TEAM NEWS: Cadillac to Return to Its Racing Roots at Historic Watkins Glen International; Home of American Road Racing to Host Fifth Round of SPEED GT

Photo by John Thawley WATKINS GLEN, N.Y - When the rebirth of American road racing after World War II began in earnest in Watkins Glen, the Cadillac V-8 was the engine to beat on the streets and roads surrounding the quiet village in rural New York. Following the introduction of the Cadillac overhead valve V-8 in 1949, Cadillac-powered Allard J2 and J2X sports cars became frontrunners in the early '50s as crowds of enthusiasts flocked to America's road racing revival. Team Cadillac will return to its racing roots when the fifth round of the SCCA SPEED World Challenge GT series is contested on the historic Watkins Glen International circuit on June 10.

The Cadillac CTS-V performance luxury sedans that will race on the Watkins Glen permanent circuit are a far cry from the vintage machines that raced on country roads more than 50 years ago. Based on the production CTS-V, the Cadillac race cars began life on the production line at the GM Lansing (Mich.) Grand River assembly plant. Prepared for competition with roll cages, safety equipment, composite body panels and an aerodynamic rear wing, the Team Cadillac race cars are powered by fuel-injected 6.0-liter GM small-block V-8 engines.

Cadillac driver Andy Pilgrim also has a winning heritage at the historic road course. The 2005 SPEED GT champion has raced at The Glen 25 times in six series since 1986. He has three victories, 11 podium finishes, and four poles - and only twice has he finished outside of the top 10. Fresh from a victory on the modified oval at Lowe's Motor Speedway in Charlotte, N.C., on May 24, Pilgrim relishes returning to one of his favorite road courses.

"I just love fast tracks, and Watkins Glen is a very fast track," said Pilgrim. "It's a great race track, one of my favorites in North America. It reminds me of an English or German circuit because the course is lined with trees and it frequently rains there. Watkins Glen is a simply wonderful race track."

While Pilgrim has more than 20 years of experience at Watkins Glen, his teammate, Lawson Aschenbach, will be racing there for the first time. The 23-year-old 2006 SPEED GT champion is confident that he'll get up to speed quickly on the 3.4-mile circuit.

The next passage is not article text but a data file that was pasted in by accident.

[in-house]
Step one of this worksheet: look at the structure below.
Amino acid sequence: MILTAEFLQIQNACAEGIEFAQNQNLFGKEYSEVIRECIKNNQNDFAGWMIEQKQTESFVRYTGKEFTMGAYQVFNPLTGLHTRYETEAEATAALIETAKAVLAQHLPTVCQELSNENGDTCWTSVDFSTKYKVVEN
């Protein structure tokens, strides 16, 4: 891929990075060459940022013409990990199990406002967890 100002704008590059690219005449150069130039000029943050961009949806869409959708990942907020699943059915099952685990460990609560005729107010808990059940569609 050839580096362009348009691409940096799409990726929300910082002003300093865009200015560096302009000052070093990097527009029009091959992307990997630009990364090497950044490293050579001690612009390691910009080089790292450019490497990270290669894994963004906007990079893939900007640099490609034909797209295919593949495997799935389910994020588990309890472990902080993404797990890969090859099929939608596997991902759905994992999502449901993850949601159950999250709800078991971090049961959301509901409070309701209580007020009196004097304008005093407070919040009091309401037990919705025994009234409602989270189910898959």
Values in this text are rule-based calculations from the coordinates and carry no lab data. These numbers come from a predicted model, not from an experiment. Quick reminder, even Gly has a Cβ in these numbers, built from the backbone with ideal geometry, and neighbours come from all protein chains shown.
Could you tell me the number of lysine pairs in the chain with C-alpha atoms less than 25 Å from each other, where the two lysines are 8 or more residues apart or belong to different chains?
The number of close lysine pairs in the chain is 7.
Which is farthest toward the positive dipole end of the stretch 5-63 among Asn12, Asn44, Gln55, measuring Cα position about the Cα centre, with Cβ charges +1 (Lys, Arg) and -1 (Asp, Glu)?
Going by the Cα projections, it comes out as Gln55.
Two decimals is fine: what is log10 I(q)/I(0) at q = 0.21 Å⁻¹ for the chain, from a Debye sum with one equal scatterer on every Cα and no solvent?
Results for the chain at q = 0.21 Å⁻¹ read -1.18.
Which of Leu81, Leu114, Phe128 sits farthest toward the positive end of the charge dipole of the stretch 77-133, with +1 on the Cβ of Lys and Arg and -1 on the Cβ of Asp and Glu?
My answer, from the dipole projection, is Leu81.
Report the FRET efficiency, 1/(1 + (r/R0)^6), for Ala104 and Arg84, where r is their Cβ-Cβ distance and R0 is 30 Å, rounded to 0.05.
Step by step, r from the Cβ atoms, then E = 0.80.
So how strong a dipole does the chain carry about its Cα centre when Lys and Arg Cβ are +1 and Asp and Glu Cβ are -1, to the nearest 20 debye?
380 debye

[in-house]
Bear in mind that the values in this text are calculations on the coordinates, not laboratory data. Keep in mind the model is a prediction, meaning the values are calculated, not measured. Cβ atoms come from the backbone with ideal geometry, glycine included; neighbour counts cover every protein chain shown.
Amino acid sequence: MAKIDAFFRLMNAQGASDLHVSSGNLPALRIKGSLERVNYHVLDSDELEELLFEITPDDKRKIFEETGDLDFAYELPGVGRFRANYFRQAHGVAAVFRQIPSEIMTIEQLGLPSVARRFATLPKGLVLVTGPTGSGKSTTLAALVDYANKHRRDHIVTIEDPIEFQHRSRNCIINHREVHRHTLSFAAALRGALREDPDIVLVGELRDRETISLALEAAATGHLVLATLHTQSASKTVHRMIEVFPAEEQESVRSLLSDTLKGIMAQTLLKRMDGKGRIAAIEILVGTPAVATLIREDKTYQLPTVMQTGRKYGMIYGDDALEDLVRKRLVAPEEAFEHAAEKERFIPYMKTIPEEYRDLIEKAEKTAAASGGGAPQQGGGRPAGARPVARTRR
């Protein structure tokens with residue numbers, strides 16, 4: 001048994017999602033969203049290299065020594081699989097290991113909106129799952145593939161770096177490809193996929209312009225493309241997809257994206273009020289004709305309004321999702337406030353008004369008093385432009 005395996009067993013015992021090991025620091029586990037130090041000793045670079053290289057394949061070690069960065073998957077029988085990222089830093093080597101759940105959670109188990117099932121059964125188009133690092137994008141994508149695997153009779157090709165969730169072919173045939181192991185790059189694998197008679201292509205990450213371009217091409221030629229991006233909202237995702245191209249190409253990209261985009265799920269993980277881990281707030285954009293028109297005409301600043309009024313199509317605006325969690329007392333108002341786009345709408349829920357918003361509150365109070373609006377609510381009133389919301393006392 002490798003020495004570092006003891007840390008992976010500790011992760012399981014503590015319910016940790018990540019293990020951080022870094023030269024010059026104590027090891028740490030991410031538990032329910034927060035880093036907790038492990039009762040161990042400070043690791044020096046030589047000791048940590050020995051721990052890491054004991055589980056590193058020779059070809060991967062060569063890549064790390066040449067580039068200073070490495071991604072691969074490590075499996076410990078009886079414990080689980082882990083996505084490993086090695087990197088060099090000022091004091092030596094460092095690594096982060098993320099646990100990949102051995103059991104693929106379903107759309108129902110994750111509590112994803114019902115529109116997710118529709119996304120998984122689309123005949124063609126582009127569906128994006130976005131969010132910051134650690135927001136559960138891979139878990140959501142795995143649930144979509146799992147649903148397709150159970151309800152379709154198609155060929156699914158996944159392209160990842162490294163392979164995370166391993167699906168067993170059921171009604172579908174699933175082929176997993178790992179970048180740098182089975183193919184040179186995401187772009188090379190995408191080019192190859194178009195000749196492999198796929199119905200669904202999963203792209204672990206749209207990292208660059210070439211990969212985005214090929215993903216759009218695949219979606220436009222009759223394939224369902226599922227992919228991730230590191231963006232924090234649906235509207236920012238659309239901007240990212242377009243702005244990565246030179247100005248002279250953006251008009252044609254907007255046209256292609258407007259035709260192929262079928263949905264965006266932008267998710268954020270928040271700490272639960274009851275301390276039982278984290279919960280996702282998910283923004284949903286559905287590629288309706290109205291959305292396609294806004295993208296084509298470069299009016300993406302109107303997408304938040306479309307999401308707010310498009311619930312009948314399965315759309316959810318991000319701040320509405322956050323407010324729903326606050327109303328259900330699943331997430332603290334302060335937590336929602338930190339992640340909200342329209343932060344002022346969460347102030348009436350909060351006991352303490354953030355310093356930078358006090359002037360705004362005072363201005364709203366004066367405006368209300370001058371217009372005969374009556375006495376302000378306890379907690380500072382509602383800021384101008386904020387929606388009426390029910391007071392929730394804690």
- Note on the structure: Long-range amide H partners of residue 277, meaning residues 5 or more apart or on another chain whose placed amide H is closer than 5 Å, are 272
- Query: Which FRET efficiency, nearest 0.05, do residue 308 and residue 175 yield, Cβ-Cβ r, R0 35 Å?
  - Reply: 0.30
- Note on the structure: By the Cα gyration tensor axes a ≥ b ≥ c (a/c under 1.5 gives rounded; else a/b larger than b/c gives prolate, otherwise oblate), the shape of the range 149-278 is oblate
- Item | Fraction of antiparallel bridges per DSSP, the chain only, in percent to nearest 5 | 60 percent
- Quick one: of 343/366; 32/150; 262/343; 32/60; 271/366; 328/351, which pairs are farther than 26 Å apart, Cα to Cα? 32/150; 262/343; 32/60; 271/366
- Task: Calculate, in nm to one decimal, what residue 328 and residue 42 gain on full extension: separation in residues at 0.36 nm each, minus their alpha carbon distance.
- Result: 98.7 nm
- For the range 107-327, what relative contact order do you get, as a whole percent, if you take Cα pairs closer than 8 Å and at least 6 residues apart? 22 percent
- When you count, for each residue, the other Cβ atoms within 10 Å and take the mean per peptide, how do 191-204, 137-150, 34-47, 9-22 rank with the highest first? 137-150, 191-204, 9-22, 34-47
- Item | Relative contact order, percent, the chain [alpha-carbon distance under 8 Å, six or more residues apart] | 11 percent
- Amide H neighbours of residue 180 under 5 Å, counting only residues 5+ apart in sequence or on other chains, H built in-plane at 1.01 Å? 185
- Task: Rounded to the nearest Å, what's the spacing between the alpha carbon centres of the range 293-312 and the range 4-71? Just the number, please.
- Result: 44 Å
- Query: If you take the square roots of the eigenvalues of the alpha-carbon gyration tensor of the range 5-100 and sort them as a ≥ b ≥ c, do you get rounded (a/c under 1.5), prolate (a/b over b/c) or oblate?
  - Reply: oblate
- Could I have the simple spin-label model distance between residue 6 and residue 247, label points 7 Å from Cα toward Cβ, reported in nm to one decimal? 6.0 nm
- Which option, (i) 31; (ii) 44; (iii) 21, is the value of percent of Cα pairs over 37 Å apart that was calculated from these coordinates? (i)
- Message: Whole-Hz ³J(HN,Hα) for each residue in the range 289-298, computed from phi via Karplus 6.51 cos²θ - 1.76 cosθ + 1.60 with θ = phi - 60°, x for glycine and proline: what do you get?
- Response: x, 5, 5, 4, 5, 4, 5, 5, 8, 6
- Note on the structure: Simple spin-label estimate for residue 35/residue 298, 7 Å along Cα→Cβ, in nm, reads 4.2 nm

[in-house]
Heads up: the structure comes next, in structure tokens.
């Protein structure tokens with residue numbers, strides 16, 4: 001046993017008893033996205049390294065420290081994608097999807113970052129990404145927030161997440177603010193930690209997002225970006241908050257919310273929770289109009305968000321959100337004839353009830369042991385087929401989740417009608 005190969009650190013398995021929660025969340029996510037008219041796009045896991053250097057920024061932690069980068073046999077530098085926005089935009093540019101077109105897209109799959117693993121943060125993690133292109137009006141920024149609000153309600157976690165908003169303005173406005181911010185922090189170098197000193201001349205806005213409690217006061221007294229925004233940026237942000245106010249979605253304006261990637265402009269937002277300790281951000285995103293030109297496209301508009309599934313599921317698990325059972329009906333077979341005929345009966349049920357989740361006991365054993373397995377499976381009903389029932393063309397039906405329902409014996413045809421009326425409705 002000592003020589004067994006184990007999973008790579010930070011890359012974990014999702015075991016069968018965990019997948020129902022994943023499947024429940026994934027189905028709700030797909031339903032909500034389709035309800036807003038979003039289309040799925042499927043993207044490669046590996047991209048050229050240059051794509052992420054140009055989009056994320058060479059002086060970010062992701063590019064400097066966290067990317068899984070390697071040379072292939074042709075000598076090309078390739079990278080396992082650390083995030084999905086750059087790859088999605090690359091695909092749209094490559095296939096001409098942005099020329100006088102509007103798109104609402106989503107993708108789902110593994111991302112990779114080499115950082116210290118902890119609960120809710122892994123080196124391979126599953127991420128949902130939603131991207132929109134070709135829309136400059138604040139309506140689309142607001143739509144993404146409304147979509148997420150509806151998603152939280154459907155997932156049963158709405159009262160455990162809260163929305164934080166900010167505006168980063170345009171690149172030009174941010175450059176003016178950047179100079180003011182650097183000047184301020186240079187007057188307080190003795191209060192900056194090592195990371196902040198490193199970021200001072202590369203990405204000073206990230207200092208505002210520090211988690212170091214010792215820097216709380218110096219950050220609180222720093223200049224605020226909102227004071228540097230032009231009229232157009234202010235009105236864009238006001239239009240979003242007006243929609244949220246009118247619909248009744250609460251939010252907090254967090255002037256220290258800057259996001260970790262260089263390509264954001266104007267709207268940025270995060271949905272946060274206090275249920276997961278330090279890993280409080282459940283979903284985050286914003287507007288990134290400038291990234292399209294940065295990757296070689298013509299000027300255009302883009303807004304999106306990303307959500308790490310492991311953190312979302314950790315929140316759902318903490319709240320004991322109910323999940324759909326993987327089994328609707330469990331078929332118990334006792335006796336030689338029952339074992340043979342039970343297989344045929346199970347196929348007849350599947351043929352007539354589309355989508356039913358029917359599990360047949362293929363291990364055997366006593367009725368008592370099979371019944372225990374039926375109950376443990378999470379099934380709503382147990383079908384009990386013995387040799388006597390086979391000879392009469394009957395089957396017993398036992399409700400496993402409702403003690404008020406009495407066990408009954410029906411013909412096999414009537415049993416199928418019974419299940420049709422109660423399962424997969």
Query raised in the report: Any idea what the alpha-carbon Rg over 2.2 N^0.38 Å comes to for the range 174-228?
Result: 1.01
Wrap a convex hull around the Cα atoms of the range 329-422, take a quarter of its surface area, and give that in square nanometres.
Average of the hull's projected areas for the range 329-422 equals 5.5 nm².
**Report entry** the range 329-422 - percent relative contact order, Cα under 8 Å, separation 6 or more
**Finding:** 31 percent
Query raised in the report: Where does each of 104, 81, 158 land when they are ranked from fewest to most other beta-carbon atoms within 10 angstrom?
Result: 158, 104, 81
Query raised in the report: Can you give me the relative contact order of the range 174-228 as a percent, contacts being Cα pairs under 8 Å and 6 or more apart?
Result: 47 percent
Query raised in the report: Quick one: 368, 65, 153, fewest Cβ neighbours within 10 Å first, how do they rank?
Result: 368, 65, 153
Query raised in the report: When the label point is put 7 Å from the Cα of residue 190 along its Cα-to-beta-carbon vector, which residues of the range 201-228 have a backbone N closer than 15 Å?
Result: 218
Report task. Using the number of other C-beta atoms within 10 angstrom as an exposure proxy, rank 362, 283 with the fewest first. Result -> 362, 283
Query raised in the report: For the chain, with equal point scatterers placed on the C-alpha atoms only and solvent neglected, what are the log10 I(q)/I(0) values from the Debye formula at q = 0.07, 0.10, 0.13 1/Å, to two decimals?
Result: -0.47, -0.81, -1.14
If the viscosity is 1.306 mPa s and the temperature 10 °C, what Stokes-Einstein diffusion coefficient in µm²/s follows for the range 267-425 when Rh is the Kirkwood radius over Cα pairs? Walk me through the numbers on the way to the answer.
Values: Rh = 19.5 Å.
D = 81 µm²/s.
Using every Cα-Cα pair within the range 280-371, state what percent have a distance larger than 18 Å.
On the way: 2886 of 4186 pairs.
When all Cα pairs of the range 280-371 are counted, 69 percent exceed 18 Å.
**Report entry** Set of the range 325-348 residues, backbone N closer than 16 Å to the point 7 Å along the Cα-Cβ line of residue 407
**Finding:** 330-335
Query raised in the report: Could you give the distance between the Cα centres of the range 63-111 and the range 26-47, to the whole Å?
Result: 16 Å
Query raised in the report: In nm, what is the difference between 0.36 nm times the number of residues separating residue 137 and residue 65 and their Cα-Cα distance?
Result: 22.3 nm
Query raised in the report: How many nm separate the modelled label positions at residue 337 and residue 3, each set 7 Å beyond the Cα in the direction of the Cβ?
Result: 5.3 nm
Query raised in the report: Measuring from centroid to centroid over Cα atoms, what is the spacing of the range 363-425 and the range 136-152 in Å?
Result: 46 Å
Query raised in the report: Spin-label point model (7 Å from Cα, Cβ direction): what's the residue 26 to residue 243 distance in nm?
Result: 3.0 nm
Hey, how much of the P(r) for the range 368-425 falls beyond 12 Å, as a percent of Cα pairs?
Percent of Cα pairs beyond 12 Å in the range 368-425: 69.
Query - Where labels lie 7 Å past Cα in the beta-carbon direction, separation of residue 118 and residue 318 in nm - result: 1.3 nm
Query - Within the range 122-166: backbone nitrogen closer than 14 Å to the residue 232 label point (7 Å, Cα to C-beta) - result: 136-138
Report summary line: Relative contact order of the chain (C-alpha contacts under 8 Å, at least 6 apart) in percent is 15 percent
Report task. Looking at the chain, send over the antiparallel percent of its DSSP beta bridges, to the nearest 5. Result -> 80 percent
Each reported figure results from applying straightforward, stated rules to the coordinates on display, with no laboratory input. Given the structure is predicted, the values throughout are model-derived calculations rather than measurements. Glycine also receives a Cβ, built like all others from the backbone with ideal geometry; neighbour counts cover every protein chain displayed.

"I'll prepare by watching in-car videos from other series, and I'll follow Andy around for a couple of laps in the first practice session," Aschenbach reported. "The same principles apply at every track: Brake as late as you can, carry as much speed as you can through the corners, and accelerate as quickly as possible. I'm confident my Cadillac will have a good setup there because we have a great team of engineers and mechanics.

"The history of a track is something I think about before going to a new circuit, but when I arrive, it's just about that race," he continued. "It's like any other weekend at the track - I just want to bring home a checkered flag for Team Cadillac."

Without a notebook filled with information from previous SPEED GT events at Watkins Glen, the Team Cadillac engineering staff will rely on their arsenal of high-tech tools to develop a pre-race setup.

"We have data from other GM road racing programs that have run at Watkins Glen that we can use a baseline and a starting point for our simulations," explained Team Cadillac race operations manager Ken Flory. "Watkins Glen is one of the smoothest tracks that the SPEED GT series races on, so we should be able to run our cars stiff and low. Fast, sweeping circuits like Watkins Glen tend to suit the Cadillac race cars better than slow, tight tracks, but the elevation changes at The Glen will be a challenge because of the extra weight that the series requires the Cadillacs to carry."

The fifth round of the SPEED GT is scheduled to start at 10:20 a.m. EDT on Sunday, June 10. The race will be televised tape-delayed on Saturday, June 30 at 4 p.m. EDT on the SPEED Channel.


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